Another study published in 2007 by psychologist James Coyne and his coauthors examined the relationship between psychotherapy – which can improve a person’s mood, reduce stress and help develop a positive outlook – and survival rates in cancer patients.
The study found that, of all the experiments claiming that psychotherapy increases survival rates, not one held up under scrutiny. This was in large part due to the studies’ flawed methods. Many were done with too few patients to be reliable and, in one study, patients in the psychotherapy group received medical care of a much higher quality.
Smile or Die Key Idea #5: Positive thinking can turn quickly into delusional and potentially dangerous blind optimism.
While the “cult” of positive thinking has its issues, is it so bad to remain optimistic?
Mainstream culture shuns skeptics and pessimists; nobody wants to be a “downer.” But by insisting that everything will be fine because we believe it will, we’re denying reality.
Bad things happen to everyone – disregarding that fact won’t offer you any real protection.
Nevertheless, proponents of positive thinking remain persistent. Rhonda Byrne, author of the bestselling self-help book The Secret, said that people killed and displaced by the 2006 tsunami in Indonesia must have “manifested it” – that is, brought it upon themselves – through their negative thinking.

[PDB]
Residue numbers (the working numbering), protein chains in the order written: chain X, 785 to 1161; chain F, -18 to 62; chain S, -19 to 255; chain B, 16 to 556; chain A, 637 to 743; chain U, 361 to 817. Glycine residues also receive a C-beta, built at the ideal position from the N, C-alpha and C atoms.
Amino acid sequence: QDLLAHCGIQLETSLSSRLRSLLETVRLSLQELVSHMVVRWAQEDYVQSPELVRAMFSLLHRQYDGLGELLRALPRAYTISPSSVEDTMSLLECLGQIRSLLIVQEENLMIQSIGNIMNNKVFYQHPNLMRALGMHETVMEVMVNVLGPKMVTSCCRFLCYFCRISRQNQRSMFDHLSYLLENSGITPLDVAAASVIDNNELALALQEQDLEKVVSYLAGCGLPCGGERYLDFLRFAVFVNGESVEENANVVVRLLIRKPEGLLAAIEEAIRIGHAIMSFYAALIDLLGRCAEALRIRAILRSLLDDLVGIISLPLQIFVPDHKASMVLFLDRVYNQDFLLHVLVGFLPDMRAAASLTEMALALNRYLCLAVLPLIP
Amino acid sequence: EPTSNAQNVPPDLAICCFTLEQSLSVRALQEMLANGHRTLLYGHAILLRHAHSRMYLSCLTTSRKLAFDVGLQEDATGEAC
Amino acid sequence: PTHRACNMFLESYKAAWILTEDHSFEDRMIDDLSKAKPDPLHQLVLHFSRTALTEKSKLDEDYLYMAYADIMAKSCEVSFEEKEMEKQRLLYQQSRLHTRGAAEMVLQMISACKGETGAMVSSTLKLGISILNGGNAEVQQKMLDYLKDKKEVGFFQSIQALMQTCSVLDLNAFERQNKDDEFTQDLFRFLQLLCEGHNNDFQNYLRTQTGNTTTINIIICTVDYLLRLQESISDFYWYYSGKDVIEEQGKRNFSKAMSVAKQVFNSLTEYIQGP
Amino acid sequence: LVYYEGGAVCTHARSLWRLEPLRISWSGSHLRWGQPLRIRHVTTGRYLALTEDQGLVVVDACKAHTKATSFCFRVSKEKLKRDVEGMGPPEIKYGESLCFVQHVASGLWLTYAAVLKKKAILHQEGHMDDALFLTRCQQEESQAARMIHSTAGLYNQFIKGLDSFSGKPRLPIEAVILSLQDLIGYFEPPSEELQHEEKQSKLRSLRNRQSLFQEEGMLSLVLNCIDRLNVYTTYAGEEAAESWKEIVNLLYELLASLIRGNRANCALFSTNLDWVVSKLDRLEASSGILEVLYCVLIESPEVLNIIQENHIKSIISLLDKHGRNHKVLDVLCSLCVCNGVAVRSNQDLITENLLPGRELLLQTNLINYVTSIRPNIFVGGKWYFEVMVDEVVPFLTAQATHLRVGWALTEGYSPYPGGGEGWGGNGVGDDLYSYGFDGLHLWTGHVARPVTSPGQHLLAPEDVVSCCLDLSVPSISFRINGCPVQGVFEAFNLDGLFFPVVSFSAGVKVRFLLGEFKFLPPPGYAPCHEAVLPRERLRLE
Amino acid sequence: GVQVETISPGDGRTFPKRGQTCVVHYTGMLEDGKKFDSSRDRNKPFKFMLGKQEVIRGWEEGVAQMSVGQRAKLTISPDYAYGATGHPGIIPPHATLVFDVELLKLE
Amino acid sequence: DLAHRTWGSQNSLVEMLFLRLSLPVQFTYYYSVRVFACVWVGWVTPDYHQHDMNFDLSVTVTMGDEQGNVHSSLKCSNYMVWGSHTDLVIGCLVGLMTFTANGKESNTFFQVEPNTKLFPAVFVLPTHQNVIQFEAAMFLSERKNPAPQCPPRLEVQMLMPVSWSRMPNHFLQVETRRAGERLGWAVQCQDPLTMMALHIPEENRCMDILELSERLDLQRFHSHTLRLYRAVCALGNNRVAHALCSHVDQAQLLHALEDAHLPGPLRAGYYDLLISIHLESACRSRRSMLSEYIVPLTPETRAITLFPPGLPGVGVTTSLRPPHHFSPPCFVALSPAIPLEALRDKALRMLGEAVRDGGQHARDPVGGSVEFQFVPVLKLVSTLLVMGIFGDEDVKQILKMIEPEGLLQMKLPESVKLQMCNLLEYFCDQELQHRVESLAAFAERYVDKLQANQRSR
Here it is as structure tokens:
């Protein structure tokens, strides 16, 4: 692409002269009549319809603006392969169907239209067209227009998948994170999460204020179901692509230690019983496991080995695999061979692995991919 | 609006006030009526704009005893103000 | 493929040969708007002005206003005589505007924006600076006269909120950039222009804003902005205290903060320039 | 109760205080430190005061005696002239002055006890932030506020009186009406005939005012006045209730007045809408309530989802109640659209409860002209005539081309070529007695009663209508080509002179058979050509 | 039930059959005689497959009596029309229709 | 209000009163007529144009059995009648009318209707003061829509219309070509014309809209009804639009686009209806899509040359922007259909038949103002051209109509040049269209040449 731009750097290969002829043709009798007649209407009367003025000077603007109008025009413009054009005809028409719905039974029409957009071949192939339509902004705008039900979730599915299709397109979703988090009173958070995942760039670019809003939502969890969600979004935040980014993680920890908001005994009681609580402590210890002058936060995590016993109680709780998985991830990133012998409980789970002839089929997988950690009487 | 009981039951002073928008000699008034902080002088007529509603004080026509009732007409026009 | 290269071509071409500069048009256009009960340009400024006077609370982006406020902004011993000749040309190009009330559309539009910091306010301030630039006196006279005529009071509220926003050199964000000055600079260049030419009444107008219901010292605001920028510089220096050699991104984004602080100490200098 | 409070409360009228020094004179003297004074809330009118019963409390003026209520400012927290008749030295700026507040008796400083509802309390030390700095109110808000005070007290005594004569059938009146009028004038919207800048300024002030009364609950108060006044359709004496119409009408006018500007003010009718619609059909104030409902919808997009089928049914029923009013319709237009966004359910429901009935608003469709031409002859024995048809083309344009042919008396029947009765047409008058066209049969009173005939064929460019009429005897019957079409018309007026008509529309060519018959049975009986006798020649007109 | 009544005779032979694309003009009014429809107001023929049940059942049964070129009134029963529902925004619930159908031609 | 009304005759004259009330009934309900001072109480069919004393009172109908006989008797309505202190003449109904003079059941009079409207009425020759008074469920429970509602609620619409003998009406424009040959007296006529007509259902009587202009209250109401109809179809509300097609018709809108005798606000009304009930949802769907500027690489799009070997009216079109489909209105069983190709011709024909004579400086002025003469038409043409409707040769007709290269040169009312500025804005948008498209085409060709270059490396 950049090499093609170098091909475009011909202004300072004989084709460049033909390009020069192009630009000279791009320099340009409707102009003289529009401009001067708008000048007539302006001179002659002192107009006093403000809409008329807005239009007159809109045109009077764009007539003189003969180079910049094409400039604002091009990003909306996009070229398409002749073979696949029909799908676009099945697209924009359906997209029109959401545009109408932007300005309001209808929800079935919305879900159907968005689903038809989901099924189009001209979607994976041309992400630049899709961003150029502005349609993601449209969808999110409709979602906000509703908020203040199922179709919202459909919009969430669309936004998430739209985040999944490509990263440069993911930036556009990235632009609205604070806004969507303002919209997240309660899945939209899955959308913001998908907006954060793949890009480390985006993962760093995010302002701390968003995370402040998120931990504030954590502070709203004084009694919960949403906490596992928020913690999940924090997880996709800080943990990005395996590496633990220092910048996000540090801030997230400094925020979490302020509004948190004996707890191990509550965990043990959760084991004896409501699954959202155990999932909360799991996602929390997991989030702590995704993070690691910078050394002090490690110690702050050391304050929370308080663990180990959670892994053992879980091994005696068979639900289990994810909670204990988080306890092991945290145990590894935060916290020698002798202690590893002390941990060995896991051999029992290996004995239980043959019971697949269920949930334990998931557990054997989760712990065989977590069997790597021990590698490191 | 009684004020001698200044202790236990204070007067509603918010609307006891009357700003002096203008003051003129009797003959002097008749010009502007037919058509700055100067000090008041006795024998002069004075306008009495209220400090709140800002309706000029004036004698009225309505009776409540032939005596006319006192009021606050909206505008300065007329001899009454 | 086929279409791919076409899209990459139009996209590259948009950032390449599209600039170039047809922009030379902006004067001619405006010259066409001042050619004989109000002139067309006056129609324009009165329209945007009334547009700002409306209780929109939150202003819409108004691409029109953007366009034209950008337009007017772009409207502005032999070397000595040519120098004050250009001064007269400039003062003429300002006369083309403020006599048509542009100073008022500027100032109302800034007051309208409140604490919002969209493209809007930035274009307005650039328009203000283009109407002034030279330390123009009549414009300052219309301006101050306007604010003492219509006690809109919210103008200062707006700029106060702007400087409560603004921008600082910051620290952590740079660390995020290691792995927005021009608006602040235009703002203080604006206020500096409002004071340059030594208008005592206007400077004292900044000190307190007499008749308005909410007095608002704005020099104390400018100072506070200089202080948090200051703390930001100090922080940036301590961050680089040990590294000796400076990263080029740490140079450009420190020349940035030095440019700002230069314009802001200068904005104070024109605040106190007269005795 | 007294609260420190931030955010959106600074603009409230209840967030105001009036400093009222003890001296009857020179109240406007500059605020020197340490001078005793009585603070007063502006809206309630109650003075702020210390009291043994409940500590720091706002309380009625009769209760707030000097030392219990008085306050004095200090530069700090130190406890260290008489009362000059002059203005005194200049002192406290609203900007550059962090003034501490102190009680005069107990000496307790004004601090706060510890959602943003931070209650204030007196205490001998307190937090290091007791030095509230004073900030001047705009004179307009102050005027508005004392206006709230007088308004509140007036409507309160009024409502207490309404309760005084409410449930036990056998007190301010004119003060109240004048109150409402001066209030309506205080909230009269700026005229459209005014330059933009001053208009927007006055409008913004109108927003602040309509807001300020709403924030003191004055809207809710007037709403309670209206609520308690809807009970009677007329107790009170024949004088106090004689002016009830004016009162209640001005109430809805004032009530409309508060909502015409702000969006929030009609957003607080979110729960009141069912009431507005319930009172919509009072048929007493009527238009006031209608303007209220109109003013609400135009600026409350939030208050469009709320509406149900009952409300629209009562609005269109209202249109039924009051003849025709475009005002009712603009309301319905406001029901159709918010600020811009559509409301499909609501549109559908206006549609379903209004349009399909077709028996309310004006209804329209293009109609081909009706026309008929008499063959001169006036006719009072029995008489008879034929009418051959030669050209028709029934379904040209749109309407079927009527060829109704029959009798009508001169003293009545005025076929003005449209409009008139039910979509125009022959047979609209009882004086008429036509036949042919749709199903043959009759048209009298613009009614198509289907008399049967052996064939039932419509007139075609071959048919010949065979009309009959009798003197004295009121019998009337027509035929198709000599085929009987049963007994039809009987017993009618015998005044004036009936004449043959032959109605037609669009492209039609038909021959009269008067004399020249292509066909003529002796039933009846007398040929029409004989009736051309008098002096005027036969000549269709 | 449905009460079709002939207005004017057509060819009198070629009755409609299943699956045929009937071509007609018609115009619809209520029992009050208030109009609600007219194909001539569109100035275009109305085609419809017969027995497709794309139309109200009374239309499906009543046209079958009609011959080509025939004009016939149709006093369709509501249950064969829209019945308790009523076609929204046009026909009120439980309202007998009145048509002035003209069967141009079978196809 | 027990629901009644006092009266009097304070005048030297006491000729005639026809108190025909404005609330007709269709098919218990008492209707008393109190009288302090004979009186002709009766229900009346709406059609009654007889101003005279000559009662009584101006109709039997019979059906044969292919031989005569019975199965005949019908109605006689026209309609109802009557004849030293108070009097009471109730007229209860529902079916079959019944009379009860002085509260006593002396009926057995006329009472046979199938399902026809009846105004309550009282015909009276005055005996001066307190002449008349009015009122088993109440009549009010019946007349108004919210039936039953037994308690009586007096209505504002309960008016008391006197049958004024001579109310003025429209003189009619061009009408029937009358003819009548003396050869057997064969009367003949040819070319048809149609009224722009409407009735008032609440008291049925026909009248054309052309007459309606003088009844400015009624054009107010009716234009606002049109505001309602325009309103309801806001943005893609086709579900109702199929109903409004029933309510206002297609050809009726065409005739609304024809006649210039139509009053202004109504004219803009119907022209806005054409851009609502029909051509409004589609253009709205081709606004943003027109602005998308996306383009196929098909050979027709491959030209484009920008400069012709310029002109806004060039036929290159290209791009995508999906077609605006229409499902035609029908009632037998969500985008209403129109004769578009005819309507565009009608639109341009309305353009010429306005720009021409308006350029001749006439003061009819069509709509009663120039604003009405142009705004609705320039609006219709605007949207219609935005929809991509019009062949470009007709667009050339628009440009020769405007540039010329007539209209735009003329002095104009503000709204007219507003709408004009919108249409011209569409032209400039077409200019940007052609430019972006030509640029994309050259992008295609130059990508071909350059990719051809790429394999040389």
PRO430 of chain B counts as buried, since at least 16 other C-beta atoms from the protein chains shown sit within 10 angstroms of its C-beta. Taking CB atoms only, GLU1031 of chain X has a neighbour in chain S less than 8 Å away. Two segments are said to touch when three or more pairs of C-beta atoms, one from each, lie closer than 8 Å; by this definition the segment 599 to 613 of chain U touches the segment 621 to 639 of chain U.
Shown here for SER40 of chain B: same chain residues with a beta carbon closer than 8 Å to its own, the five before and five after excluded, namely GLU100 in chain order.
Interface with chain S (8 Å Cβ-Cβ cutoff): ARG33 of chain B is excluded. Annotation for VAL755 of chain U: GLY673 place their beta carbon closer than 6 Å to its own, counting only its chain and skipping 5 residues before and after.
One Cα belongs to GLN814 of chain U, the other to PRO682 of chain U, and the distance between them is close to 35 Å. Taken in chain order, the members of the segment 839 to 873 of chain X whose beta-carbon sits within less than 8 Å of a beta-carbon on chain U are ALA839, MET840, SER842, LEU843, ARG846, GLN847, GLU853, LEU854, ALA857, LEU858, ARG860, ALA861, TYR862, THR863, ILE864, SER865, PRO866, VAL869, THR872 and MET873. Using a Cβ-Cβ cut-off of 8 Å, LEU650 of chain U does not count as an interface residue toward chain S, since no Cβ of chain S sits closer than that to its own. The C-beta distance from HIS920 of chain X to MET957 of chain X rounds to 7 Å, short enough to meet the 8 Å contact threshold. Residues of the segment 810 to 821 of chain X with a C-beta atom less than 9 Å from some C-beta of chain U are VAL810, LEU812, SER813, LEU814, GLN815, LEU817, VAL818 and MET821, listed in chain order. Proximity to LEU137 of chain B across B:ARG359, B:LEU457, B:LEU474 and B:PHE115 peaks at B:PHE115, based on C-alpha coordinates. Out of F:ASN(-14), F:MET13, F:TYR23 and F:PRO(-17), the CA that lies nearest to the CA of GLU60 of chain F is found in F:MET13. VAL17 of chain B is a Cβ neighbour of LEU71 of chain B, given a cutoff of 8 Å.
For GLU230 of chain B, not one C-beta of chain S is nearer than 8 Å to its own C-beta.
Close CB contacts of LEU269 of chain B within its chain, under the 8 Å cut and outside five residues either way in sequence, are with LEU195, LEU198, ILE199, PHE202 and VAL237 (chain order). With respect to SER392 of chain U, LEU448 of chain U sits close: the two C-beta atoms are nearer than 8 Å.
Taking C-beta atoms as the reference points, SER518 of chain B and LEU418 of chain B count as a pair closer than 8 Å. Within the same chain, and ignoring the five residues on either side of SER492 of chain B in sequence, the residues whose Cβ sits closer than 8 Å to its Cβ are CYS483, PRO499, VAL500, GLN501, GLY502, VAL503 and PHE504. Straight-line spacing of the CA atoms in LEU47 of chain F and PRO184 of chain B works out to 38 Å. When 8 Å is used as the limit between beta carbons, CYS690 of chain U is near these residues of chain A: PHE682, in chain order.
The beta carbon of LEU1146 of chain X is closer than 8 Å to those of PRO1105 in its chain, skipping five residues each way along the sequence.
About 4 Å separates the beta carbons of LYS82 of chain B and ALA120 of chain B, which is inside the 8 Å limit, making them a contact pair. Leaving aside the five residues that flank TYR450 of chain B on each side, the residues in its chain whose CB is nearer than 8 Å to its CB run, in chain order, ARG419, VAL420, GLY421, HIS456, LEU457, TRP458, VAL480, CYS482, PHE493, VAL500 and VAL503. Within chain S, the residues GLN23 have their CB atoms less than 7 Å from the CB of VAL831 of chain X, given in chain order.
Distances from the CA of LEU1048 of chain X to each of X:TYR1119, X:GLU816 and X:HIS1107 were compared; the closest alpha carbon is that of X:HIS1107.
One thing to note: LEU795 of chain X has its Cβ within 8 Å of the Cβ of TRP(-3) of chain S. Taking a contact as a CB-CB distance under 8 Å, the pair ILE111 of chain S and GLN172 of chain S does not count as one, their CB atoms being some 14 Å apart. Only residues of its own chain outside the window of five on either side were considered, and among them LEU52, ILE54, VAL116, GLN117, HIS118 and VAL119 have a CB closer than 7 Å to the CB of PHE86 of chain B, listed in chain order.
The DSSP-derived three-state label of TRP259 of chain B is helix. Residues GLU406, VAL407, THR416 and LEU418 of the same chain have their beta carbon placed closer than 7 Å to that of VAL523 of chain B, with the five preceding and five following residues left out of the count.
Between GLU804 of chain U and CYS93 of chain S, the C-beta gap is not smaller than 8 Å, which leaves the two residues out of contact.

Blaming victims isn’t the only problem with this ideology. Blindly thinking positive also causes people to deny signs of danger by insisting that things are always good or improving.
Any rational person knows it’s dangerous to deny that real threats exist. As a species, we’ve survived as long as we have because instinct tells us to keep an eye out for danger, and not bask in moments of bliss.
As a result, we’re always ready to fight or flee. This helps us survive because, counter to the logic of positive thinking, it’s beneficial to anticipate less-than-ideal outcomes. Doing so helps us prepare for, deal with and sometimes prevent bad things.
To see such logic in action, consider the security of health or life insurance or the inclination to get an abnormal mole checked out by a doctor.
Let’s turn to the tremendous dangers of positive thinking, for a moment. Consider the blind optimism of the Bush administration leading up to the attacks of September 11, 2001.
The government was well aware of potential clues before the attacks, such as warnings about an impending terrorist strike involving a plane and suspicious student pilots. But the Federal Bureau of Investigation and the president refused to believe these details, and therefore failed to take precautions that could have saved thousands of American lives.
In Review: Smile or Die Book Summary
The key message in this book:
A culture of positive thinking has pervaded American society, influencing everything from health to religion to work. While optimism and willpower are celebrated as helpful and even fundamental to improving our lives, such a belief promotes behavior that blinds us to reality.